Music is completely subjective. Not everyone has to like a certain song to understand how quality the composition is. In the same regard, not every instrument requires traditional craftsmanship in order to produce beautiful and engaging sounds. In fact, some of the most incredible instruments ever made have never been heard of by the majority of music lovers.
That’s why we’re shining a light on eight of the most inconceivable musical instruments our readers never imagined, with this collection of eye-popping videos. Seriously, some of these are so beyond a basic trumpet or bass guitar, there’s no way the concept could’ve crossed someone’s mind. Someone who’s not a recluse, instrument-making mastermind, that is. Frankly, these fine-tuned pieces of audible art deserve more than YouTube love.
Whether it’s an experimental homemade instrument or something more fancy that actually requires power, each one of these invigorating devices has an impressive innovation story and will surely leave you wondering why bands don’t get more creative when picking their members.
If the concept of playing drums ever seemed overwhelming, wait until you see the Chopstick Piano in use. Assembled by Tokyo-based composer Sami Elu, this impressive apparatus is made completely from recycled instruments. Albeit a bit rough around the edges visually, the beauty in the Chopstick Piano is how it offers both percussion and string sounds in one device. They can be played separately, or together, if you’re a musical and multi-tasking genius. Complexity aside, the sounds this thing can make are euphoric.
The Marble Machine might look like the cover from Jay Z’s Blueprint 3 album come to life, but the sound it produces is far from hip-hop. Fueled by a huge crank that triggers manually programmed melodies with highways of marbles, this masterful invention from Swedish musician Martin Molin takes the old game Marble Madness to new heights. Watch the video for “Marble Machine” from Molin’s band Wintergatan above and keep in mind, a Marble Machine 2.0 is in the works, according to their website. Hello.
There are a few videos online about the Zeusaphone and they all look insane. Named after the famous Greek god Zeus, this lightning bolt hurling instrument makes music through Tesla coils — whatever the hell those are. Apparently, wild-eyed musicians can hook up a MIDI-based synthesizer or computer to the base device and the Zeusaphone will spit out music with a shocking delivery, along with an accompanying light show to boot. Pretty wicked.
First off, I could watch the first five seconds of this Photoplayer video demonstration from California’s Gold with Huell Howser, at least a hundred times in a row. From the moment Huell finally gets to utter the phrase, “Hit it Joe!” and Joe Rinaudo begins to conduct his massive Photoplayer, magic is in the air. Featuring more levers than an auto factory and a piano that somehow manages to play itself, this magnificent concoction of contained chaos was originally used to make music for Disney cartoons, which is blatantly obvious when you hear the instrument being played.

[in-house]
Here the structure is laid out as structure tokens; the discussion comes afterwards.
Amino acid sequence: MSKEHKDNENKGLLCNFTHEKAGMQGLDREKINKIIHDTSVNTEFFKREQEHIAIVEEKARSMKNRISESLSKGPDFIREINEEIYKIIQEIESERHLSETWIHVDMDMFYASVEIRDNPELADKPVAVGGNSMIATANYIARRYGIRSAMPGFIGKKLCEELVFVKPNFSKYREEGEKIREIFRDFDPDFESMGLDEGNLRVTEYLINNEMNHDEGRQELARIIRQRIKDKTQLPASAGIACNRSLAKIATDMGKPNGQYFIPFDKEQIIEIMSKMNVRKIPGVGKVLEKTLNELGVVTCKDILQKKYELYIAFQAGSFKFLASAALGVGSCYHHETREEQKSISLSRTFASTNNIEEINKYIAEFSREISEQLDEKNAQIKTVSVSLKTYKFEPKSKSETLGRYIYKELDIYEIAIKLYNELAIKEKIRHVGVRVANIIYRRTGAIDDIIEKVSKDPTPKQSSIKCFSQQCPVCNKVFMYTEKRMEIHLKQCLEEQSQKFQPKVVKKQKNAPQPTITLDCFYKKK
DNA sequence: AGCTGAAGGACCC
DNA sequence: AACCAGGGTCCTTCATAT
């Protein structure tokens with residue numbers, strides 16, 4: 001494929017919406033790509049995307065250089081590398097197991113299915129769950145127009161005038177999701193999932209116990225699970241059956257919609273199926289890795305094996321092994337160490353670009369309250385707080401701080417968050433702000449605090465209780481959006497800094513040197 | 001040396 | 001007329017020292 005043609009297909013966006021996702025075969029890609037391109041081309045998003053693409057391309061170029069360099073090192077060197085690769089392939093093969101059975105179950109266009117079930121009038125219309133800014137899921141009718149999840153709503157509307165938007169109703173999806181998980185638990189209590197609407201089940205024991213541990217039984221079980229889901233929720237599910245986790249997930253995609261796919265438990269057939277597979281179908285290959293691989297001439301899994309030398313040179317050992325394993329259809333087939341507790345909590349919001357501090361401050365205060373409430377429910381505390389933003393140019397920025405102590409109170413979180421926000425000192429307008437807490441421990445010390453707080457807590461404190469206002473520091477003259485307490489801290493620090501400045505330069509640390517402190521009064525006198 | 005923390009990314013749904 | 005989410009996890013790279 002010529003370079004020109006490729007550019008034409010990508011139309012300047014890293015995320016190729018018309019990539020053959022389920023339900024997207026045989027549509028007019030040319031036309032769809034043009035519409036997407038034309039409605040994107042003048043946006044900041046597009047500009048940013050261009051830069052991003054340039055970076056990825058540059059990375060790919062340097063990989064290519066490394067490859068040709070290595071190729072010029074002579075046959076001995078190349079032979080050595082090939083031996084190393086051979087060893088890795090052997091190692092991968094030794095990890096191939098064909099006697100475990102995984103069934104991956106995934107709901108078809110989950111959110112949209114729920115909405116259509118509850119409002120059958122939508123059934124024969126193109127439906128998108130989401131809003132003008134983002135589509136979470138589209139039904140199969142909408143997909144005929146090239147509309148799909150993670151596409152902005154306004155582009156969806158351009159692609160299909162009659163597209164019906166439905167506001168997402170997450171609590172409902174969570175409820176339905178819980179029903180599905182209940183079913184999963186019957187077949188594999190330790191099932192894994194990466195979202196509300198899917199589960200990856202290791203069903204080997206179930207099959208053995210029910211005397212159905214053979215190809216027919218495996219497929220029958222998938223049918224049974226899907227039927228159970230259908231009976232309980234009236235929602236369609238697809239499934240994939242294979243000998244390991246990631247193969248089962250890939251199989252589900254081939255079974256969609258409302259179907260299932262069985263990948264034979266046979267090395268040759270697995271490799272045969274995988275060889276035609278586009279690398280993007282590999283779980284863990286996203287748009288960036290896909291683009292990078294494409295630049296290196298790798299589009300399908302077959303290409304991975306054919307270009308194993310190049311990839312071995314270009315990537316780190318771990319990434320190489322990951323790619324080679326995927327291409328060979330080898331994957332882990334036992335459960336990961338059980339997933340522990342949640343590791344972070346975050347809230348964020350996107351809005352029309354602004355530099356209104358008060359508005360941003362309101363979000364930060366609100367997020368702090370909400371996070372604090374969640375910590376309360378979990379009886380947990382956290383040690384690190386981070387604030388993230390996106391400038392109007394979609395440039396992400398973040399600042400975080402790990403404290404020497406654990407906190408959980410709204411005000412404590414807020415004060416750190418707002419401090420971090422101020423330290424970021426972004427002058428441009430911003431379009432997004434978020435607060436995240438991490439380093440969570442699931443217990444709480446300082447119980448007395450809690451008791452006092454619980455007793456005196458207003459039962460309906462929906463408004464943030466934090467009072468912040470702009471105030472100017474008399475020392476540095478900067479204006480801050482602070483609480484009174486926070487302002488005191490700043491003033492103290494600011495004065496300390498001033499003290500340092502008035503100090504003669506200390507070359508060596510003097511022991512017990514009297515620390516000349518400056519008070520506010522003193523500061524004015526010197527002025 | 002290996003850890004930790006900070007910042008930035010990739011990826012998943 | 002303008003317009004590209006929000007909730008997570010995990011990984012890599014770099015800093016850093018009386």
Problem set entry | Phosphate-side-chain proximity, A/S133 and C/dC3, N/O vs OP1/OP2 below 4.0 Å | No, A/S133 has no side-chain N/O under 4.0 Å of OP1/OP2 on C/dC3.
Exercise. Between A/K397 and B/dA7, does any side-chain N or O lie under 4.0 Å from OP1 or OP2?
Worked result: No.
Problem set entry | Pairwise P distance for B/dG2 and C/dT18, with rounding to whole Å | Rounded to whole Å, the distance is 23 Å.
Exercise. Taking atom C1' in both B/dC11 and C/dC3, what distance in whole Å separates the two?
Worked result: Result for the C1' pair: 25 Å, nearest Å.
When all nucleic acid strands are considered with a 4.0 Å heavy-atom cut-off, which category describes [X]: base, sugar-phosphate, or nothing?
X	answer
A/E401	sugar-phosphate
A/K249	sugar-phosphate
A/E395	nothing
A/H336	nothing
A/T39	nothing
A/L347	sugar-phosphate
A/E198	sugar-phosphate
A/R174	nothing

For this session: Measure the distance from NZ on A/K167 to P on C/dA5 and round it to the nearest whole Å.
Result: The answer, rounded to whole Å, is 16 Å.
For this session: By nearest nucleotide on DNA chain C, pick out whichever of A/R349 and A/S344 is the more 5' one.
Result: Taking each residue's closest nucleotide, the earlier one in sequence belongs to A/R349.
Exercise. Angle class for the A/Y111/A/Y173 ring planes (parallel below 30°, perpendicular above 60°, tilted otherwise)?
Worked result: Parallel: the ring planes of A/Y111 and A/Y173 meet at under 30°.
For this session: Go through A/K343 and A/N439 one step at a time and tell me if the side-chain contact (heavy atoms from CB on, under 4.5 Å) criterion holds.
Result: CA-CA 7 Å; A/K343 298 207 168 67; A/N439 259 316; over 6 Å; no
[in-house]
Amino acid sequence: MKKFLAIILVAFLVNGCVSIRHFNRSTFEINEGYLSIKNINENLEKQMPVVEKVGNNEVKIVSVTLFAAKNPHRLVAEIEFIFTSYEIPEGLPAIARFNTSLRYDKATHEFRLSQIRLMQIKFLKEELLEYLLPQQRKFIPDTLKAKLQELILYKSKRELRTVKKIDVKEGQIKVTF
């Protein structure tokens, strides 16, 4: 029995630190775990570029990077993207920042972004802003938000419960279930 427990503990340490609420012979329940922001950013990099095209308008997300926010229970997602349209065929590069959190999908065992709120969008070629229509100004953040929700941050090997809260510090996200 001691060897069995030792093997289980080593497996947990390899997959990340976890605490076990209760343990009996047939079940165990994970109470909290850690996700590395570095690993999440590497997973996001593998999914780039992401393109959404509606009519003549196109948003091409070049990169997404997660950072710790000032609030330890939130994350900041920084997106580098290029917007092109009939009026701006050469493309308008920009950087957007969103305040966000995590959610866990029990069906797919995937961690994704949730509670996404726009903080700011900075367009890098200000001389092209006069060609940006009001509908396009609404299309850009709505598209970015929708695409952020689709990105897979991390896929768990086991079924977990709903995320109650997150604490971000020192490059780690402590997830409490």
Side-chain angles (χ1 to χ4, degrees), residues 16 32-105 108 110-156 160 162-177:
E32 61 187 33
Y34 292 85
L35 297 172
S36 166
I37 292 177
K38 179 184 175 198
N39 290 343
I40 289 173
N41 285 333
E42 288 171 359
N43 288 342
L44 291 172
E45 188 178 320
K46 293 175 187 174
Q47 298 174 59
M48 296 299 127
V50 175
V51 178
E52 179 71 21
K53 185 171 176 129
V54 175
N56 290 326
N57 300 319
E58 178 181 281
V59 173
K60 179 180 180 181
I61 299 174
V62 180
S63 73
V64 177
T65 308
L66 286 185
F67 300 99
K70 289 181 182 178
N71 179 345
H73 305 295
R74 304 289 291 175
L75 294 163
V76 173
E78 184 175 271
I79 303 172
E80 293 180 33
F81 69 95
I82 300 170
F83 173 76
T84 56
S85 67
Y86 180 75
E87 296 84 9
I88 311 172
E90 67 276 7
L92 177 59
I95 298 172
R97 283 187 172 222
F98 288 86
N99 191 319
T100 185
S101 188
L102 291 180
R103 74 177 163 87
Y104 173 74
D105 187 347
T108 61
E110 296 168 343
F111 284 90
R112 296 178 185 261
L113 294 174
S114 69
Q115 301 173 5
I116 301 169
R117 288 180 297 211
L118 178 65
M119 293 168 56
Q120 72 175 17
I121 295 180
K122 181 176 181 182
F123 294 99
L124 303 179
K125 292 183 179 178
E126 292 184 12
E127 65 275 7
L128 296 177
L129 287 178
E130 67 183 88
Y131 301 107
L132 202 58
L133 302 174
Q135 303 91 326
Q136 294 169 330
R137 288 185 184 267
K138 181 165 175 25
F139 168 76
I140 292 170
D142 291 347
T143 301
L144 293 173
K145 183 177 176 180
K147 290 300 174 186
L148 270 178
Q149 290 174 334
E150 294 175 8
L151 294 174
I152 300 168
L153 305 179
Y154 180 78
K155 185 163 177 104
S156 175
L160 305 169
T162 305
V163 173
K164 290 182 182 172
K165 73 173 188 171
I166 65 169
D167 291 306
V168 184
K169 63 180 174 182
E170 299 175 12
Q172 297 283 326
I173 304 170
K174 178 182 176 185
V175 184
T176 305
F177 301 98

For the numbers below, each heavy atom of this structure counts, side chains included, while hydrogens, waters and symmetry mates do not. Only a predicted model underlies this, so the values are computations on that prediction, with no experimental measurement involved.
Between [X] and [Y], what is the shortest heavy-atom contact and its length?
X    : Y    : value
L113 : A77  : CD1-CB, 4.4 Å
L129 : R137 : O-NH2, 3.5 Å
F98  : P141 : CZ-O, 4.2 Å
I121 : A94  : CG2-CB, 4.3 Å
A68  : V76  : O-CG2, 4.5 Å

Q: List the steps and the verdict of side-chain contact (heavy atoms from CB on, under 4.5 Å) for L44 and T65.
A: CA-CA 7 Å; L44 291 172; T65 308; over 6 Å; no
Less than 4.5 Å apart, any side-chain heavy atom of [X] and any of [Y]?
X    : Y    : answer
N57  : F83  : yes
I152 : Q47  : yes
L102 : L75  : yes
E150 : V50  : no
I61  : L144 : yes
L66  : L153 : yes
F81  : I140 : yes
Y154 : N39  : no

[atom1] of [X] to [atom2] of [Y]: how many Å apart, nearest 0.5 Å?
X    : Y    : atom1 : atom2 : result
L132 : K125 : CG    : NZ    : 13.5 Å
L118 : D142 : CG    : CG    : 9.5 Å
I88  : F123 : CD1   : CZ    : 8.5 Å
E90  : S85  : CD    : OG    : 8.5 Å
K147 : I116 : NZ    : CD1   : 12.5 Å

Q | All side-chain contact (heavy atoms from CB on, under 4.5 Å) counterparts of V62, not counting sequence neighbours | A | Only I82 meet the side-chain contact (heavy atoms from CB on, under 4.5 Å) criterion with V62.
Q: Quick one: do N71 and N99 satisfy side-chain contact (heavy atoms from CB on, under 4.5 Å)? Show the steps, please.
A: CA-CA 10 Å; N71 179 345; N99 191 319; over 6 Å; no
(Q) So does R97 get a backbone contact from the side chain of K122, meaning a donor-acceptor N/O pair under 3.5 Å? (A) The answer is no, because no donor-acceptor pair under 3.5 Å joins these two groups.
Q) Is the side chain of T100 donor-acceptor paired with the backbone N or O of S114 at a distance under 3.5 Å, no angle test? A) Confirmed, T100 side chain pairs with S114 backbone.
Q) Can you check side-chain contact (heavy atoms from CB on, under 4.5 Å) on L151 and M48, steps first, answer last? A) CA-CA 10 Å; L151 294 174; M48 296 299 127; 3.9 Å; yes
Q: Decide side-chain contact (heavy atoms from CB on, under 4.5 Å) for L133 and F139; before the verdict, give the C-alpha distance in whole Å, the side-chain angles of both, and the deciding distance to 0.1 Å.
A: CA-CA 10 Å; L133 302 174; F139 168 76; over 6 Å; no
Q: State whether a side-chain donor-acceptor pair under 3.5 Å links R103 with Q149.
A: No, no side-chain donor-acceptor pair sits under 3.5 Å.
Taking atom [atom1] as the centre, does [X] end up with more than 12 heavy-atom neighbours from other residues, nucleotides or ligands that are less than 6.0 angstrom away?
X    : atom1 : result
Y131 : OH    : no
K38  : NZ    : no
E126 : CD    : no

As the story goes, Björk went to M.I.T. in 2010, in search of someone to help her build “a new instrument that would harness the force of nature.” That’s where she met Andy Cavatorta, a sound and robotics sculptor who jumped at the chance to help her build what would become the Gravity Harp, a massive harp fueled by the movement of pendulums. Despite being 20 feet high and weighing a total of 800 pounds, this one of kind instrument still managed to tour the world as part of the Icelandic singer’s Biophilia tour, adding rich and vibrant layers to her avant-garde pop tunes. Hate to be her roadie.
Pipe Guy kind of blew my mind. This bearded street musician turned YouTube sensation simply took a bunch of PVC pipes and cut them in various lengths to get different pitches. Then he twisted them together into something he can carry around on the subway and voila, he’s flawlessly reproducing Iggy Azalea’s “Fancy” beat with his hands and a flip-flop. Sure, Pipe Guy might’ve gotten the idea from Blue Man Group and his set up might not be as elaborate, but he’s doing so much more with so much less.
The Alphasphere might look like a futuristic Nerf toy, but this digital fireball actually packs quite an arsenal of sound. Just hook it up to a CPU, pick your MIDI instrument and start playing the pads. They’ve each got give, offering various styles of sound, depending on the pressure sensitivity. Instead of a traditional piano layout, key patterns can be placed in user-generated patterns along the AlphaSphere, allowing owners to easily play perfect fifths from dueling pads or make custom-mapped instruments. Plus, this bad boy can be used as a sampler, to boot. If you’re holding your credit card and foaming at the mouth, click here to buy the AlphaShere for your own studio.
The Majestic Bellowphone is a lot of things, but majestic is not necessarily one of them. First off, this eclectic eyesore looks like a future bazooka with balloons tied to it. More importantly, the vibe this makeshift musical instrument produces is more fitting for a 3-year-old’s birthday party than anything with a truly majestic setting. The Bellowphone makes Johannes Brahms’ Hungarian Dance #5 sound like a speeding clown car. Still, you simply can’t be mad at someone for making this crazy looking monstrosity, then taking so much pride in it.